While Bouldin Creek Neighborhood Association (BCNA) wholeheartedly agrees that Auditorium Shores is in desperate need of turf and irrigation renovations, we remain opposed to the proposed design of the Parkland Improvement Project which severely curtails the amount of space available for off-leash dogs, one of the most popular uses of this parkland area and a use that has been protected by City ordinance for several decades.

 

We understand the timely nature of beginning the project while the trailhead is under construction but PARD and TBG need to be more responsive to the public feedback that questions the current “three meadow” design as being too private-event oriented and too unfriendly to public use, especially by dog owners.  It is a public park, after all, and we feel the current design excludes hundreds, if not thousands, of its’ most enthusiastic “public” park users.

 

Additionally, the Park Land Improvement Agreement (“Contract”) between PARD, APF and C3 repeatedly refers to Auditorium Shores as a ‘major event venue’.  Town Lake Metropolitan Park, as per the Bouldin Creek Neighborhood Plan and the Town Lake Master Plan, envisions the Auditorium Shores/Parkland area as a versatile public space that is available for a limited number of public/private events.

 

Auditorium Shores is a Major public park and a Minor venue site.  It should not be the other way around.  BCNA believes it is not in the best interest of our residents if this parkland is considered a Major Event venue.  The current annual 25-event-day maximum is meant to ensure that Auditorium Shores keeps the identity of a Major public park while also keeping its’ balanced use intact.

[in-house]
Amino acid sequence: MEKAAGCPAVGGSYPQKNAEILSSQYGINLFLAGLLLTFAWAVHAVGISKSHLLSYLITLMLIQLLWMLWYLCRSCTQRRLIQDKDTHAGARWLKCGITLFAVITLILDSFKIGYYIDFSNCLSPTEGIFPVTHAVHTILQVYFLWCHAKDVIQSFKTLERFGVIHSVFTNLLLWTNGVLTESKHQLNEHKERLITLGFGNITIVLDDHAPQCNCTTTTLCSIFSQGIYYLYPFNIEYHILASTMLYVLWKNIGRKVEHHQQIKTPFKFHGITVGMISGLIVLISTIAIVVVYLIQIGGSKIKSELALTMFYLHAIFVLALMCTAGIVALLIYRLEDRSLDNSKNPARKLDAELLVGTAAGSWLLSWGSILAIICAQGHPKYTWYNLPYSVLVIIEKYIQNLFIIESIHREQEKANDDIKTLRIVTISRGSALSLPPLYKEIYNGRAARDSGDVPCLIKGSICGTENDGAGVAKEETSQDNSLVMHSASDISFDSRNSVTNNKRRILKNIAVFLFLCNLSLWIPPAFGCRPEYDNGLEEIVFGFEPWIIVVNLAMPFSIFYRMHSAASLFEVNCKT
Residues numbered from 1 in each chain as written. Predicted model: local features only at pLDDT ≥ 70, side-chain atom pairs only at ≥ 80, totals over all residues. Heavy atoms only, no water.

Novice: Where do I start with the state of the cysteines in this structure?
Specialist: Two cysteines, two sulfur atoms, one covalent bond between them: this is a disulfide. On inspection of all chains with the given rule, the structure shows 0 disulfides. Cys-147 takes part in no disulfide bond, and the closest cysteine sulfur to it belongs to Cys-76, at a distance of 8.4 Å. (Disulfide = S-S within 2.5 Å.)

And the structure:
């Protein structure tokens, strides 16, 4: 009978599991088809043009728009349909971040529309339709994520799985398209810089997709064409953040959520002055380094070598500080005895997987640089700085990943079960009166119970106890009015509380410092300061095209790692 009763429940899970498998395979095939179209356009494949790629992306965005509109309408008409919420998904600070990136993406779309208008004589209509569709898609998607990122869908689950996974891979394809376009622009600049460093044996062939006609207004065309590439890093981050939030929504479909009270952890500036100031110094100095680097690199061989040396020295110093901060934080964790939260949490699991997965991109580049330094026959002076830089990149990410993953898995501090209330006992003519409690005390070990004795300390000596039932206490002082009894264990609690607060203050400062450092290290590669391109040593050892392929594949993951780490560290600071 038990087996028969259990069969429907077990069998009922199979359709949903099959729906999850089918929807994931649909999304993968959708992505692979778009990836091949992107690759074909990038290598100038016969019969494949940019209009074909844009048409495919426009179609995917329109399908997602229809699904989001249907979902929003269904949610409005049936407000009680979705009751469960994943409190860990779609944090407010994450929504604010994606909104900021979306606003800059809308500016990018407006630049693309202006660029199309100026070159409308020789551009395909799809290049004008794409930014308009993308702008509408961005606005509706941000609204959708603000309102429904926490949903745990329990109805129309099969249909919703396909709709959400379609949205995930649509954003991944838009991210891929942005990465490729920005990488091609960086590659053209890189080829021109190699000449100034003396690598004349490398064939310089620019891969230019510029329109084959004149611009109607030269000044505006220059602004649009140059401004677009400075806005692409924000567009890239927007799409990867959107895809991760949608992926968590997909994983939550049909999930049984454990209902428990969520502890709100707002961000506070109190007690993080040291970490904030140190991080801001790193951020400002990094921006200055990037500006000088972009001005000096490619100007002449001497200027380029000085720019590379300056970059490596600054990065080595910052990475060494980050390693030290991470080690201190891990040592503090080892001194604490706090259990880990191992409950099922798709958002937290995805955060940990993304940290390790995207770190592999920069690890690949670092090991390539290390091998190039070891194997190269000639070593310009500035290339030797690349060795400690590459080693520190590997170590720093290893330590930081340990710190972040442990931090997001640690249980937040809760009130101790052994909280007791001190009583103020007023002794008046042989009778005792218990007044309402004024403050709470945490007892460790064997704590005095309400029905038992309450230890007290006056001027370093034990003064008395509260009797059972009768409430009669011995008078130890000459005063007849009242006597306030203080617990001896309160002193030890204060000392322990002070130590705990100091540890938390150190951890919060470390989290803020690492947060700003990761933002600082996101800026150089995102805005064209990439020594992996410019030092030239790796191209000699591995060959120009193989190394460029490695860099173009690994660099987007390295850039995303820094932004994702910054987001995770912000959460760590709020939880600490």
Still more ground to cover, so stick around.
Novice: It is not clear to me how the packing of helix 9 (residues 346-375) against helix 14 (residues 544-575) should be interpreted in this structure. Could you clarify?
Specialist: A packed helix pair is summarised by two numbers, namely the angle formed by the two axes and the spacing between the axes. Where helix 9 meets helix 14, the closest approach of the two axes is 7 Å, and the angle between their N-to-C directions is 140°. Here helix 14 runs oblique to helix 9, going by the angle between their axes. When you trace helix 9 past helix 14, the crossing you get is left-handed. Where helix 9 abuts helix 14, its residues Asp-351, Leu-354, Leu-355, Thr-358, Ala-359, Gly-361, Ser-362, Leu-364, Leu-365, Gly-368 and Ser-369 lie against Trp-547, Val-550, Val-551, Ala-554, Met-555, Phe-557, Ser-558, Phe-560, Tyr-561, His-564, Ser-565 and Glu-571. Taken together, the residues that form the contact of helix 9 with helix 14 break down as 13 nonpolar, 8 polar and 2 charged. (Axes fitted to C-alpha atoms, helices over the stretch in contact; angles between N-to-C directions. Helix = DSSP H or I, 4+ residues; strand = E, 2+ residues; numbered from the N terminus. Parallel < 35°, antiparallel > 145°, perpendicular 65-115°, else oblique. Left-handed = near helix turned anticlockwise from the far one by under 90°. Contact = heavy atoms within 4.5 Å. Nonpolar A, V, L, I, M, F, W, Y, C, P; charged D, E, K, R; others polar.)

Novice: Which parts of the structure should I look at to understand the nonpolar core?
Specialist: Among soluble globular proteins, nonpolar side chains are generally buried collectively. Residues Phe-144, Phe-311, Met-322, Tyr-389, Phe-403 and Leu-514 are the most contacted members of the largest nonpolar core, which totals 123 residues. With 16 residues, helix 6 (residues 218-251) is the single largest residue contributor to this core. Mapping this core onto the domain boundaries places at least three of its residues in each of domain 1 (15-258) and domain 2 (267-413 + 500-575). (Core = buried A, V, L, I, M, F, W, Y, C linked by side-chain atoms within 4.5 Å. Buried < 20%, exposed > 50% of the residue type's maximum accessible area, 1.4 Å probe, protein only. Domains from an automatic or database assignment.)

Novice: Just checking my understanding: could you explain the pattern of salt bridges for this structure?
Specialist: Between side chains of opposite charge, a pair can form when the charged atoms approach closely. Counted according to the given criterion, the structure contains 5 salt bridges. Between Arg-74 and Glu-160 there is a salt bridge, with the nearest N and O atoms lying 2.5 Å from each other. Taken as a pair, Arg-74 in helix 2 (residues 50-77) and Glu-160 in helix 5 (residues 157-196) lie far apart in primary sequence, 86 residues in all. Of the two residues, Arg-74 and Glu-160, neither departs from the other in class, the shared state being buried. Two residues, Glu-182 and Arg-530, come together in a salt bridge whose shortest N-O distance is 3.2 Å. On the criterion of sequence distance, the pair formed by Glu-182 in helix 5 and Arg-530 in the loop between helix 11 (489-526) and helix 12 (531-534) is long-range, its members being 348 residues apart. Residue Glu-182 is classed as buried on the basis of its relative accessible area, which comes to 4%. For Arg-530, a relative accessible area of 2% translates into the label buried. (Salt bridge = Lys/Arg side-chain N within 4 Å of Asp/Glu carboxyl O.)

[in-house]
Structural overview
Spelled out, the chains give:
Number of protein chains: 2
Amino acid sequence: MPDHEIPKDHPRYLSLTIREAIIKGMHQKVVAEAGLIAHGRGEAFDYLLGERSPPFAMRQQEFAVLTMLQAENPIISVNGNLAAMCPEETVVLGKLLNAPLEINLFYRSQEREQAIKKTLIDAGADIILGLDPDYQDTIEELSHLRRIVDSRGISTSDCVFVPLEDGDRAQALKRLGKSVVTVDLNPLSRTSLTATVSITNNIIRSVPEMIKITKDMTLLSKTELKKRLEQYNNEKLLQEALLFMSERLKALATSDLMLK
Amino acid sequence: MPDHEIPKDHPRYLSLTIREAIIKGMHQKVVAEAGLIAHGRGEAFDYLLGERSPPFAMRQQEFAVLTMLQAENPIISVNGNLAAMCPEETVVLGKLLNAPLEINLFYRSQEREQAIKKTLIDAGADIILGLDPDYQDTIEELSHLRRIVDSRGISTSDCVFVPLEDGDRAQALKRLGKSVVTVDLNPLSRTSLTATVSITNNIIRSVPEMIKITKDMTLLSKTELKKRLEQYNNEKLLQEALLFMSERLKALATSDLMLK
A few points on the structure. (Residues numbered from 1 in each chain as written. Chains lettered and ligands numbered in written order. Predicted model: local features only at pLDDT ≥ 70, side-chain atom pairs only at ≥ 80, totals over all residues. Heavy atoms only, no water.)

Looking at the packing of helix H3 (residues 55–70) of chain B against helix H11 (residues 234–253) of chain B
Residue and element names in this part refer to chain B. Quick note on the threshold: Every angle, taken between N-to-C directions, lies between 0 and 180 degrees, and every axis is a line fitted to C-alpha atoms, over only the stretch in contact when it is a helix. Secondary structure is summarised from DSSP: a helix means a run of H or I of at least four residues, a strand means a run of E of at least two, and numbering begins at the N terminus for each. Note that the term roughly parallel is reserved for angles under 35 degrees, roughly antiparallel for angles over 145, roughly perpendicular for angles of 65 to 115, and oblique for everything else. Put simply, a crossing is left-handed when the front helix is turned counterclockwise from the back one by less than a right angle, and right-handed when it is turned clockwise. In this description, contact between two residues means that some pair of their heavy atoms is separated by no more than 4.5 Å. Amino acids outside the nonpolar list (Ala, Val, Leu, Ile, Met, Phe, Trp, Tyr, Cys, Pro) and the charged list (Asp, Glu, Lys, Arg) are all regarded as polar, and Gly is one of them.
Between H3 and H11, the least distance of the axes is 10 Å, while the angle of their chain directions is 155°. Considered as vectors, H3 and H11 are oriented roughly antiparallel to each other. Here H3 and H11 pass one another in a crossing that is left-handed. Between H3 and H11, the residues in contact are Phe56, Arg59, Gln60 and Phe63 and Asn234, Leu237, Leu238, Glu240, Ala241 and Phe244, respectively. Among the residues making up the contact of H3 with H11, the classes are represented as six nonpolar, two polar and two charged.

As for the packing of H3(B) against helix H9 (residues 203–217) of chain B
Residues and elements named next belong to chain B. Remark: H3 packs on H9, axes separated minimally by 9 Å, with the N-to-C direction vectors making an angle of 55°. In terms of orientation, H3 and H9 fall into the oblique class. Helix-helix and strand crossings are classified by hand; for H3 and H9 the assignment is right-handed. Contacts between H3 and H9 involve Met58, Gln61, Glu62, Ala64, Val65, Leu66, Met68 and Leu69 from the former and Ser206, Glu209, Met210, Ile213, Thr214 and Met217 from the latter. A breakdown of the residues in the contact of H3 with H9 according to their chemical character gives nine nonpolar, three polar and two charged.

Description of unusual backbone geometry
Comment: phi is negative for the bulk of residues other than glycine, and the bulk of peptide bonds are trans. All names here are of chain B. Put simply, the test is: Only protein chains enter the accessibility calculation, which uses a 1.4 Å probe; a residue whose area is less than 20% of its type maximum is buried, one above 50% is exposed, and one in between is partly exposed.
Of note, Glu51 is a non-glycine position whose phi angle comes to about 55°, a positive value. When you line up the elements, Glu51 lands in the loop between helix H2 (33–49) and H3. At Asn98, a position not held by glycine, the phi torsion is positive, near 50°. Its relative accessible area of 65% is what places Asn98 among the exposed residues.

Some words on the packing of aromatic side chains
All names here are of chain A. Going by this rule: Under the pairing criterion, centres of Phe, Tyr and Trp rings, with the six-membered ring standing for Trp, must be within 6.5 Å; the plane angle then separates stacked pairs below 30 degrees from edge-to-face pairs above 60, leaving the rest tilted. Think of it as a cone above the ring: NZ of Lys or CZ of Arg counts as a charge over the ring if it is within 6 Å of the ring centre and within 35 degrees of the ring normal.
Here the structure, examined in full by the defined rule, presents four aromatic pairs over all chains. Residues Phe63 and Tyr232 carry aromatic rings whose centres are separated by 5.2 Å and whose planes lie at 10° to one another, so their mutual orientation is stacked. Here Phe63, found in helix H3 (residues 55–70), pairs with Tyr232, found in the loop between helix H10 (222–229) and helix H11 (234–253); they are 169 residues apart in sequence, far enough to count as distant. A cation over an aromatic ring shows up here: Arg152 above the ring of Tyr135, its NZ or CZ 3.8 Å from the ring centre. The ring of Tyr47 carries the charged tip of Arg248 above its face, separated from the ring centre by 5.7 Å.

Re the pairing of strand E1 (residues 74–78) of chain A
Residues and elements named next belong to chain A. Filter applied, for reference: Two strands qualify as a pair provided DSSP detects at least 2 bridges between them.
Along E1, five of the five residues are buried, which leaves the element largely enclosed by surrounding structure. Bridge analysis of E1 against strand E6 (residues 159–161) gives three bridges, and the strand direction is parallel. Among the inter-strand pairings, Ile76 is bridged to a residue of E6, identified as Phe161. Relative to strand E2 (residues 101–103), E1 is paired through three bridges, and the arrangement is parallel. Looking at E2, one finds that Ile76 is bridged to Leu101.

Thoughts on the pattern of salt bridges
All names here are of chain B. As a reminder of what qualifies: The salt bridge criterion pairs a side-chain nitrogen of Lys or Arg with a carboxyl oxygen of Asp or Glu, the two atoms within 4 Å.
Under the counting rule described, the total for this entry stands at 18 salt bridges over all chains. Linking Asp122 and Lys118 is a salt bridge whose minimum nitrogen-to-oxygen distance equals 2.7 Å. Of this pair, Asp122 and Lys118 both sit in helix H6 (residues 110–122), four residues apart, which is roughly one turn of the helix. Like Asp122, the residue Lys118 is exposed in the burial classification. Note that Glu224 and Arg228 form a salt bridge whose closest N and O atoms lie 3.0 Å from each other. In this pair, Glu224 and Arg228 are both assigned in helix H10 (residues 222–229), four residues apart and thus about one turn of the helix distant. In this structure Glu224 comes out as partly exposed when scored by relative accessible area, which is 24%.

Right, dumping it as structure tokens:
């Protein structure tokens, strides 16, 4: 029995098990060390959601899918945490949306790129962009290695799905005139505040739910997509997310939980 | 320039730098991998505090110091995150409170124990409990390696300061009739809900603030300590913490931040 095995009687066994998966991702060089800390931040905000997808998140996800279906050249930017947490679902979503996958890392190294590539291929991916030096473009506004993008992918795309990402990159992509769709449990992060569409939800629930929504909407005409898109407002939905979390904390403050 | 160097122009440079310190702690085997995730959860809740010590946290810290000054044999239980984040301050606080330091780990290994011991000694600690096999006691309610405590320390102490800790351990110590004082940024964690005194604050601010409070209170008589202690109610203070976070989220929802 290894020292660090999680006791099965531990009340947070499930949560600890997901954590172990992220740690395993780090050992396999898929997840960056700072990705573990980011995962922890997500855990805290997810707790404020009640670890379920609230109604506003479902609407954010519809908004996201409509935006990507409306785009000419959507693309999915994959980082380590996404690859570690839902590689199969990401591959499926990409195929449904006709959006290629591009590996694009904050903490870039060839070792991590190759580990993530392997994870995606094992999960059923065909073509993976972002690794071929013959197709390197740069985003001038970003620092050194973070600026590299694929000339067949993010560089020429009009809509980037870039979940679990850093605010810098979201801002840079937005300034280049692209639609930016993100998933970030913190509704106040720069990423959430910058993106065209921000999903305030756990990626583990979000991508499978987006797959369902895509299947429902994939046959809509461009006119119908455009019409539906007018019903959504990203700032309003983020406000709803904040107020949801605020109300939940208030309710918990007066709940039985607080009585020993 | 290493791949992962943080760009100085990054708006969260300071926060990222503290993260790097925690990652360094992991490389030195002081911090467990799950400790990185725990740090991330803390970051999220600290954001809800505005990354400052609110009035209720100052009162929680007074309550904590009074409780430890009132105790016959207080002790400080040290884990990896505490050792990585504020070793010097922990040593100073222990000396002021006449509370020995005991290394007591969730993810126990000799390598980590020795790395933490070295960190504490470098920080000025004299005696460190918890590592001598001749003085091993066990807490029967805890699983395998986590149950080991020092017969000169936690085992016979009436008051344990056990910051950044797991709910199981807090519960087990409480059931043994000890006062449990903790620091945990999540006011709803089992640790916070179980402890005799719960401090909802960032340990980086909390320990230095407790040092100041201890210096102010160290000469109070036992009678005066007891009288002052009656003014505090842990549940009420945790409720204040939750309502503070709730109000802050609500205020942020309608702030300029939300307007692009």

BCNA is disappointed that we have not been engaged earlier during the design process.  BCNA is a major stakeholder at Auditorium because Town Lake Metropolitan Park is located with Bouldin Creek’s Neighborhood Plan.  We are concerned that the proposed design to segregate dogs into a fenced-in area, which is opposed by an enormous majority of public park users,  directly conflicts with the FLUM designation for the area as “Park” or “Public Use”.

 

Furthermore, BCNA has been alerted that an agreement between PARD, APF & C3 was signed on November 14, 2013 regarding the scope of the parkland improvement project.  The agreement defines the park as a “major event venue” and BCNA clearly disagrees.   As a stakeholder of the park, why weren’t we notified of this agreement and given an opportunity to review it before its’ execution?

 

Even though I received a copy of the revised design from a Council aide on Friday, BCNA still feels the design is problematic due the continued insistence of installing fences on public parkland to segregate use.  Thus, we respectfully ask the Park and Recreation Board Members to oppose the design, direct PARD to go back to the drawing table by engaging with Austin taxpayers, not C3, to create a balanced design for multiple uses by park users first and foremost, and event-attendees second.

 

Respectfully yours,

Cyndi Collen, President, BCNA

 

 

Auditorium Shores Design and Off-Leash Restrictions on City Council’s Agenda 12/12/13

Next Thursday, Item # 33 on City Council’s Agenda will have Council Members vote on a proposed design to renovate Auditorium Shores.

BCNA is opposed to the design and would like PARD to go back to the drawing board and create a design that considers input from all stakeholders and ensures the use of the public parkland will be primarily for park users.   Events (both public and private) should be a secondary concern.

Below is the letter BCNA is sending to Council Members.   If you’d like to ramp up on what’s happening before sending an email to Council, consider reading my recent post or visit the post that has multiple links to Austin media coverage on this topic by clicking here.

To email City Council, click here and include “Agenda Item #33” in the subject line.  Better still, send City Council an email and then join us at City Hall for the fun and fireworks, which will probably get underway around 8pm.